- The final step is to re-orient your time and effort to best live out your personal mission, without burning out. I suggest taking a half day alone to reset your goals and adjust how you use your time. Here’s a post on how to plan a retreat.
If you’ve faced burnout, what has helped you?
God made us to be in relationship with each other. We were made for community and we all want good friends. But what do good friends look like? What do they do or not do? In the most intimate of the 13 letters the Apostle Paul wrote that help form the New Testament, Philippians, we see a portrait of what to look for in a friend. Consider these 5 behaviors that a good friend will consistently live out and ask yourself if you model them as a friend yourself.
In Philippians 1.3-11, Paul gives us this template for what good friends do. A good friend will…
- Remember the best in you (v. 3).
- When Paul prayed for his friends in the church in the city of Philippi, his thoughts of them brought him great joy. He chose to focus on their good qualities, rather than upon their limitations and weaknesses. He remembered their best.
- What emotions and thoughts rise up in the minds of others when they think of you…joy, happiness, and peace or fear, worry, and anxiety?
- Give their best to you (v. 5, 7).
- He said that he had them in his heart. He fully gave himself to them by giving them the deepest thing about himself, his heart. He used the word koinonia, which means deep partnership, as he described their strong, intimate relationship. Paul was not a relationship skimmer. Rather he gave himself fully to these special friends.
- How would others describe you? A relationship skimmer or one who is willing to risk and go deep in friendships?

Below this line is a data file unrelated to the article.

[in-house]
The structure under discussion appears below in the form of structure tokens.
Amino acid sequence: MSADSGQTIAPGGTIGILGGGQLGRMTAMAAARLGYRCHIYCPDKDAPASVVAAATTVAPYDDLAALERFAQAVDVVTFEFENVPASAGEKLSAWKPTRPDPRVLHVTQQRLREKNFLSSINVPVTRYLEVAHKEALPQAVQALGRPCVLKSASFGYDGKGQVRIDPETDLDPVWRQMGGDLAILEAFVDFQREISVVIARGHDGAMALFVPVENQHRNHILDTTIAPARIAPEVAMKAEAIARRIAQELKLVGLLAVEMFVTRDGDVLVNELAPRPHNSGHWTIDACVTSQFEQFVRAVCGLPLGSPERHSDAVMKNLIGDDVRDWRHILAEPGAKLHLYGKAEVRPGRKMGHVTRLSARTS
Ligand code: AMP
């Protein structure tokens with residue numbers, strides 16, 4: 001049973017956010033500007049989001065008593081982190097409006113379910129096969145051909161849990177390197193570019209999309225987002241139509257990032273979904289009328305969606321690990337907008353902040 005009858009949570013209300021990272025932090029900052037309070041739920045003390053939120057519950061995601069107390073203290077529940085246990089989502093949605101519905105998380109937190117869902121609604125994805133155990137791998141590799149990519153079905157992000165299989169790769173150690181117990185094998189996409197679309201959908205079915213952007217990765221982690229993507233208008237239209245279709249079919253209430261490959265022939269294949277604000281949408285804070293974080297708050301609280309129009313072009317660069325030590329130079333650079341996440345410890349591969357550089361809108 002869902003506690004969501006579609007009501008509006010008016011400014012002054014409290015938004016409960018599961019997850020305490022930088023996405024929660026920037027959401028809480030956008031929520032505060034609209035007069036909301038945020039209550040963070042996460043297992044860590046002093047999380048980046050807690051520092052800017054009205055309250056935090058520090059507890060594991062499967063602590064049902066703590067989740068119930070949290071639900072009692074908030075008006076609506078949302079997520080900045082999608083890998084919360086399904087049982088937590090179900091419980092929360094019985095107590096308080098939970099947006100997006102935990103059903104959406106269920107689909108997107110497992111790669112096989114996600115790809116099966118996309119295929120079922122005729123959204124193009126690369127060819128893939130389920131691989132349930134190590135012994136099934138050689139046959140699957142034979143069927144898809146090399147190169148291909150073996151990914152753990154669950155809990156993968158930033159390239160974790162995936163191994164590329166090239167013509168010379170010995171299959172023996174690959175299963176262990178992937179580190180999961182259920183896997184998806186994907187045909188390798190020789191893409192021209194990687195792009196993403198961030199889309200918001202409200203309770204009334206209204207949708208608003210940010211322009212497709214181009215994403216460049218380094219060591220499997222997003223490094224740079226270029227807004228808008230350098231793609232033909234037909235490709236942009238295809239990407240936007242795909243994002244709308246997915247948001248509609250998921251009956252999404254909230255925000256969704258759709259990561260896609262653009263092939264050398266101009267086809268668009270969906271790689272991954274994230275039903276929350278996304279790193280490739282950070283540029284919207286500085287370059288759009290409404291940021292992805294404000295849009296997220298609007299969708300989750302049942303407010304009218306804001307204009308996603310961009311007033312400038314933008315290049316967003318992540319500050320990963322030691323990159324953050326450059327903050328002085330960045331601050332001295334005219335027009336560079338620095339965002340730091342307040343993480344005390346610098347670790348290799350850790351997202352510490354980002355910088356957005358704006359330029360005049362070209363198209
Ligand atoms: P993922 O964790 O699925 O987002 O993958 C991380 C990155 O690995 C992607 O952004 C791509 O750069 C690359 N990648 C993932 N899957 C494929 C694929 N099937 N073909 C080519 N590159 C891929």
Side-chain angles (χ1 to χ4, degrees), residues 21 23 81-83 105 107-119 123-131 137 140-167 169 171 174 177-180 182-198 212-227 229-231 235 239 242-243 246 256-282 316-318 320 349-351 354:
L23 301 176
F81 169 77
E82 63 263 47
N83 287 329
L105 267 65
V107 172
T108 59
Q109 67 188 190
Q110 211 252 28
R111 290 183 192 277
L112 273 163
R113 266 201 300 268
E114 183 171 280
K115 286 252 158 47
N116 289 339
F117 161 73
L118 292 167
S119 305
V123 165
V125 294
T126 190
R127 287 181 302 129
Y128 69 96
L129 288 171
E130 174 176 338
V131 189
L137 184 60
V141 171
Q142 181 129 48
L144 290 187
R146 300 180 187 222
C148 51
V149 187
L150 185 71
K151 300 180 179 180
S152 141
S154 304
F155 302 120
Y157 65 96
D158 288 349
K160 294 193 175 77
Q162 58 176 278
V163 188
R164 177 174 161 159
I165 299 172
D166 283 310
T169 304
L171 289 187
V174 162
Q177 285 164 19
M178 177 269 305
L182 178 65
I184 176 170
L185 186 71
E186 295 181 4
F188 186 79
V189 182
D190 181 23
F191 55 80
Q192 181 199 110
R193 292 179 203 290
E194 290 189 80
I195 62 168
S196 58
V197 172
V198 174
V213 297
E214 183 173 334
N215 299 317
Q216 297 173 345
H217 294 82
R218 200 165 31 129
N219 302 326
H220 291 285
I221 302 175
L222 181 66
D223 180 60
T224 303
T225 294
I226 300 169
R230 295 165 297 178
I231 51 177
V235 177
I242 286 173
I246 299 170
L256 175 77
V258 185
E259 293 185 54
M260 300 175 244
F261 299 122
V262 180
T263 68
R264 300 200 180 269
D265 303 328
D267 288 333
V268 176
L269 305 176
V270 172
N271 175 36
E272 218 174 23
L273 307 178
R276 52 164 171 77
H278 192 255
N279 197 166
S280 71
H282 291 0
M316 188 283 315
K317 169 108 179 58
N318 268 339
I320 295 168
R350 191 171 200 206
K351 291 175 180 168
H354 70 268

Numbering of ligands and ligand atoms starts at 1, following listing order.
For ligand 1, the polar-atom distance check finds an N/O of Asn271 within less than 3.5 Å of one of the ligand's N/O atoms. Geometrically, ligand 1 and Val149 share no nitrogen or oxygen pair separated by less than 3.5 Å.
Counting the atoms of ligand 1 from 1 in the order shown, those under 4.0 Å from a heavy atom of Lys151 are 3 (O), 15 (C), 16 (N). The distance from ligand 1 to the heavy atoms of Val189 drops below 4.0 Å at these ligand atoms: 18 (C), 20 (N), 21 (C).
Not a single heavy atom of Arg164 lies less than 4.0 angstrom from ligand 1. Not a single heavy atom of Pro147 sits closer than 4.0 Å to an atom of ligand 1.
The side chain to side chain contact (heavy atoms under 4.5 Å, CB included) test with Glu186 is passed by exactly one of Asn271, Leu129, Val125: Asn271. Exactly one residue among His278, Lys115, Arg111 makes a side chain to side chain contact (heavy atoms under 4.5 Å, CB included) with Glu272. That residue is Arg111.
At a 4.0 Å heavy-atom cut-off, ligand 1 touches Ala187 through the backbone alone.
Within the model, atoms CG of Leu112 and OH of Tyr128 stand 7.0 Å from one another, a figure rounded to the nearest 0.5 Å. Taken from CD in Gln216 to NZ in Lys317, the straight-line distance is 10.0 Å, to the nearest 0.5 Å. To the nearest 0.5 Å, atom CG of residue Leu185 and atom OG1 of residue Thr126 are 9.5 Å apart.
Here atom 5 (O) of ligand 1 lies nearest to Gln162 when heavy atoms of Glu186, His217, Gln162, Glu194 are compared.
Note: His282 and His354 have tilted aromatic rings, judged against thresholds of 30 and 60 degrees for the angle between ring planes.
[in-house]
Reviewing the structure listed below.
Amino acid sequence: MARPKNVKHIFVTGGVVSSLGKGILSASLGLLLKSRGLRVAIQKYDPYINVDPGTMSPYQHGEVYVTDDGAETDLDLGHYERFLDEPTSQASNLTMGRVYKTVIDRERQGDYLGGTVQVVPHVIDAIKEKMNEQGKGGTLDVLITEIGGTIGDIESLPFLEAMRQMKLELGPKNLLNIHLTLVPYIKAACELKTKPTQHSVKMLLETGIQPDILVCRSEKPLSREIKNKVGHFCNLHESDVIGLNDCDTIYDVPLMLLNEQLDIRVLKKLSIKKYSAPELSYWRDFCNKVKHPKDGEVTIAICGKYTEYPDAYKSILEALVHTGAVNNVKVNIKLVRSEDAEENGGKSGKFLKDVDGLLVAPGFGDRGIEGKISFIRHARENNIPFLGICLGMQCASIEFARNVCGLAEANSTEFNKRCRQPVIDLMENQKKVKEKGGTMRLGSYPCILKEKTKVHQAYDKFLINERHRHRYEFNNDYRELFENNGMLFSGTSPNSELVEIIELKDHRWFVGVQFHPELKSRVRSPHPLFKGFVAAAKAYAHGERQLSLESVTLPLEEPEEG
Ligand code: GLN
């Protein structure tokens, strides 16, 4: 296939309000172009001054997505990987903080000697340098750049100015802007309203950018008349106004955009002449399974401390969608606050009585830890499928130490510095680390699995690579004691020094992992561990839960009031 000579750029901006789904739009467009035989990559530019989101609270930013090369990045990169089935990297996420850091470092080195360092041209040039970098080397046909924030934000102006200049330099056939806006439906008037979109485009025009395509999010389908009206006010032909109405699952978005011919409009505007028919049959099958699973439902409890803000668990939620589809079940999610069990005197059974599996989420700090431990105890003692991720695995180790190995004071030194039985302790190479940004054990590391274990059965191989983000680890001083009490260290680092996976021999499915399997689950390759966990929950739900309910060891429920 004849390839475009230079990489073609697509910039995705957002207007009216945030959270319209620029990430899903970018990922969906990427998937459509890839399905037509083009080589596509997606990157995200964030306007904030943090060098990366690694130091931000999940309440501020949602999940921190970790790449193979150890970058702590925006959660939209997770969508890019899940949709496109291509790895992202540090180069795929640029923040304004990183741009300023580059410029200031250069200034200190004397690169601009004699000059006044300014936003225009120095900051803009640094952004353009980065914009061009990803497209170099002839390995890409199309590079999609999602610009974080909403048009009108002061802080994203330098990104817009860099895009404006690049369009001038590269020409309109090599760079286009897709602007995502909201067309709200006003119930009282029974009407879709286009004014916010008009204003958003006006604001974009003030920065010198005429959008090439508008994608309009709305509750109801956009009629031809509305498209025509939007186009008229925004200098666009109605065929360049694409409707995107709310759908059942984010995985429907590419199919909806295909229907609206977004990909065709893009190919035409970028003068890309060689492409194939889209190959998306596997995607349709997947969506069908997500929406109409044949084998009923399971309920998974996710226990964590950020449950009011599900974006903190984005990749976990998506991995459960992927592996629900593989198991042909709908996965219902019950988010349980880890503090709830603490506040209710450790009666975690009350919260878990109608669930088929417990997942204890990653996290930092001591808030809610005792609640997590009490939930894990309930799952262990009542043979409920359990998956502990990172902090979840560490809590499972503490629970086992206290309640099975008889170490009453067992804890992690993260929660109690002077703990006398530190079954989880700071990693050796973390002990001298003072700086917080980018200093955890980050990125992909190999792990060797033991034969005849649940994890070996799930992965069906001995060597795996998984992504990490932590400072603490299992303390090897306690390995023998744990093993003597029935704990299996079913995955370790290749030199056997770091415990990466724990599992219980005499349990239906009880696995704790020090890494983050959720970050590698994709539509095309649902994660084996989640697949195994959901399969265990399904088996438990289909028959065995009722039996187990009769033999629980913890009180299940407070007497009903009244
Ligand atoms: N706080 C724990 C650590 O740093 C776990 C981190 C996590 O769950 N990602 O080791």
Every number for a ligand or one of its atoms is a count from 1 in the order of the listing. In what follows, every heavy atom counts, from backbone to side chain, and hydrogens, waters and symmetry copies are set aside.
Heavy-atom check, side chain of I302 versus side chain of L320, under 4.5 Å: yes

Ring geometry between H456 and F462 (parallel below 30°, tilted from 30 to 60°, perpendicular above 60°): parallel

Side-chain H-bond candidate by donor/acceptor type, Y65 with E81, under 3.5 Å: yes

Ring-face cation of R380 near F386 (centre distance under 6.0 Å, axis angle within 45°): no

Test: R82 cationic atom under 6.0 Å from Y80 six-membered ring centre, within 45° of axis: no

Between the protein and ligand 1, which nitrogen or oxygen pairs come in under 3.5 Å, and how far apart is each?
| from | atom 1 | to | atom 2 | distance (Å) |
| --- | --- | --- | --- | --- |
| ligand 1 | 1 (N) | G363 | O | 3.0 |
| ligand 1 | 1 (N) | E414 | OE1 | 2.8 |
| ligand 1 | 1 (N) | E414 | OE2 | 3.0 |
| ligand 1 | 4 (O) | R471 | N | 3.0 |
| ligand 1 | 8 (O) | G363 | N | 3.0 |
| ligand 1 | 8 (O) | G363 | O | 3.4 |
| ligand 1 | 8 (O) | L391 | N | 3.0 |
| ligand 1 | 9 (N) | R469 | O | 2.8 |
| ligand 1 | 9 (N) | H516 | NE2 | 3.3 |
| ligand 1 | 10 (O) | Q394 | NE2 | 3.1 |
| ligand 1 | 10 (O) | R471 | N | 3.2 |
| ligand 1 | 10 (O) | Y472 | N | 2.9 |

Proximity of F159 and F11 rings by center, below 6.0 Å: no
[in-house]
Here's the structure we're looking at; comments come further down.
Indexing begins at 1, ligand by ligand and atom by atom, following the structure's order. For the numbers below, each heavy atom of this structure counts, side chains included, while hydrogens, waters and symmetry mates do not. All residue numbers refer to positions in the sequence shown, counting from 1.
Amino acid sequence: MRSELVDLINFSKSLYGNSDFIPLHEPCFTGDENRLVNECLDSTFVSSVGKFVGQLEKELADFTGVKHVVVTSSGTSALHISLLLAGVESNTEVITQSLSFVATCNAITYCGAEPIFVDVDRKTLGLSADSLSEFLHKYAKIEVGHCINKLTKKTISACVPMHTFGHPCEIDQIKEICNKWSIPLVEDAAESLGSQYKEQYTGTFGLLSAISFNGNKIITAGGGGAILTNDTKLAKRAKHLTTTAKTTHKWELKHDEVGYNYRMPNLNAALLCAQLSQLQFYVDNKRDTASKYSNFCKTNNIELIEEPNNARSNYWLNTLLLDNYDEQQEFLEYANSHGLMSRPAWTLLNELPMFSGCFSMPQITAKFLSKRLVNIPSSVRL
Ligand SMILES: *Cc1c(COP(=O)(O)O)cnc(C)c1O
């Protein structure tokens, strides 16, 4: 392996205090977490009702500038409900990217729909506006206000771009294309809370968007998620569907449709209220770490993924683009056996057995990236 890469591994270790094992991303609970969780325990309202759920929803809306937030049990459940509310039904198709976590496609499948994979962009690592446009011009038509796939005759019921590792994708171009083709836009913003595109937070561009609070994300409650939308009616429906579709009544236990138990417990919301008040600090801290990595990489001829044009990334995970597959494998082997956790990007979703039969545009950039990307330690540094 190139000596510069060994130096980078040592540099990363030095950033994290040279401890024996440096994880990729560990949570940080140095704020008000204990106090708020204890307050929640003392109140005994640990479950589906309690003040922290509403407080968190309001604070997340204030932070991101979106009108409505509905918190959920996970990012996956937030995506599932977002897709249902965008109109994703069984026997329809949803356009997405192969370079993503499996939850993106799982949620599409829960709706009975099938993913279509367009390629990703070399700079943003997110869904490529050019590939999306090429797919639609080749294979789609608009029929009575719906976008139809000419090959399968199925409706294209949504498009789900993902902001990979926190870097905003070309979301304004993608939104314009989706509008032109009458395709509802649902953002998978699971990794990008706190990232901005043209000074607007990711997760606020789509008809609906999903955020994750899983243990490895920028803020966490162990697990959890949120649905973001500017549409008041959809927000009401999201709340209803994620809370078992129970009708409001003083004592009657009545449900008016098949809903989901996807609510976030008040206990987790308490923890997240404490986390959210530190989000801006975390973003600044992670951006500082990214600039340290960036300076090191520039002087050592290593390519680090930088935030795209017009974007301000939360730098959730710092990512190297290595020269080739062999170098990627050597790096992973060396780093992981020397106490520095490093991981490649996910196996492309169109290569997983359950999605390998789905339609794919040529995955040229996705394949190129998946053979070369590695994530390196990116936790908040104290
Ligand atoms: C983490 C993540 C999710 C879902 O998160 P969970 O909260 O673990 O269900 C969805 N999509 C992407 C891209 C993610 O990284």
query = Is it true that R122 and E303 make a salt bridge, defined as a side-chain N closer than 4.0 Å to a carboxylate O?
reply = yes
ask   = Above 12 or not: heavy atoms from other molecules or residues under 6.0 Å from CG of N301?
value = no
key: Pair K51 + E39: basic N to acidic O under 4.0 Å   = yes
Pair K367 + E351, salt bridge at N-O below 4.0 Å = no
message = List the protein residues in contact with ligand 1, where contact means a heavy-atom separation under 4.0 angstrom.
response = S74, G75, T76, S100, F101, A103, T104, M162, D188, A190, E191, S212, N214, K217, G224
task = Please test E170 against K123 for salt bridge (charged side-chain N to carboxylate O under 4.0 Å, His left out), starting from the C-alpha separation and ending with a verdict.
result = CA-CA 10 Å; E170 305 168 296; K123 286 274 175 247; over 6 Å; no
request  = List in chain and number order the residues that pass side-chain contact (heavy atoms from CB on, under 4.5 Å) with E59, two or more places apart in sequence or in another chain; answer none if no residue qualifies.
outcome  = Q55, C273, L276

- Encourage the best in you (v. 6).
- He was confident that God would finish the work that He had begun in them. He emphasized that truth and sought to bring out their best. Good friends will bring out your best. Liz Wizeman who studied 150 leaders and wrote Multipliers: How the Best Leaders Make Everyone Smarter discovered that there are two kinds of leaders: multipliers and diminishers. Multipliers bring out the best in others by amplifying their strengths, encouraging them, and empowering them. Diminishers do the opposite. They drain you by having all the answers, micro-managing, and being self focused. Good friends will always seek to be a multiplier in your life.
- How would others describe you: as a multiplier or a diminisher?
- Pray the best for you (v. 9).
- Paul fervently prayed for his friends. He prayed that they would love Jesus and others more, would learn more about God, and would live out the truths of God’s Word in their conduct and character. Good friends will pray that those three things will become reality in their friends.
- When you last prayed for your friends, what did you pray for them about?
- Expect the best from you (v. 10-11).
- Good friends will hold you accountable. They will tell you what you may not want to hear because they will expect the best from you. They won’t let you settle for what is just ‘good.’ They will challenge you to do and be your best.
- What friend in your life holds you accountable? Do you have a friend that knows you will expect the best from him or her?
Good friends are rare. But when God gives them to us, they are worth their weight in gold.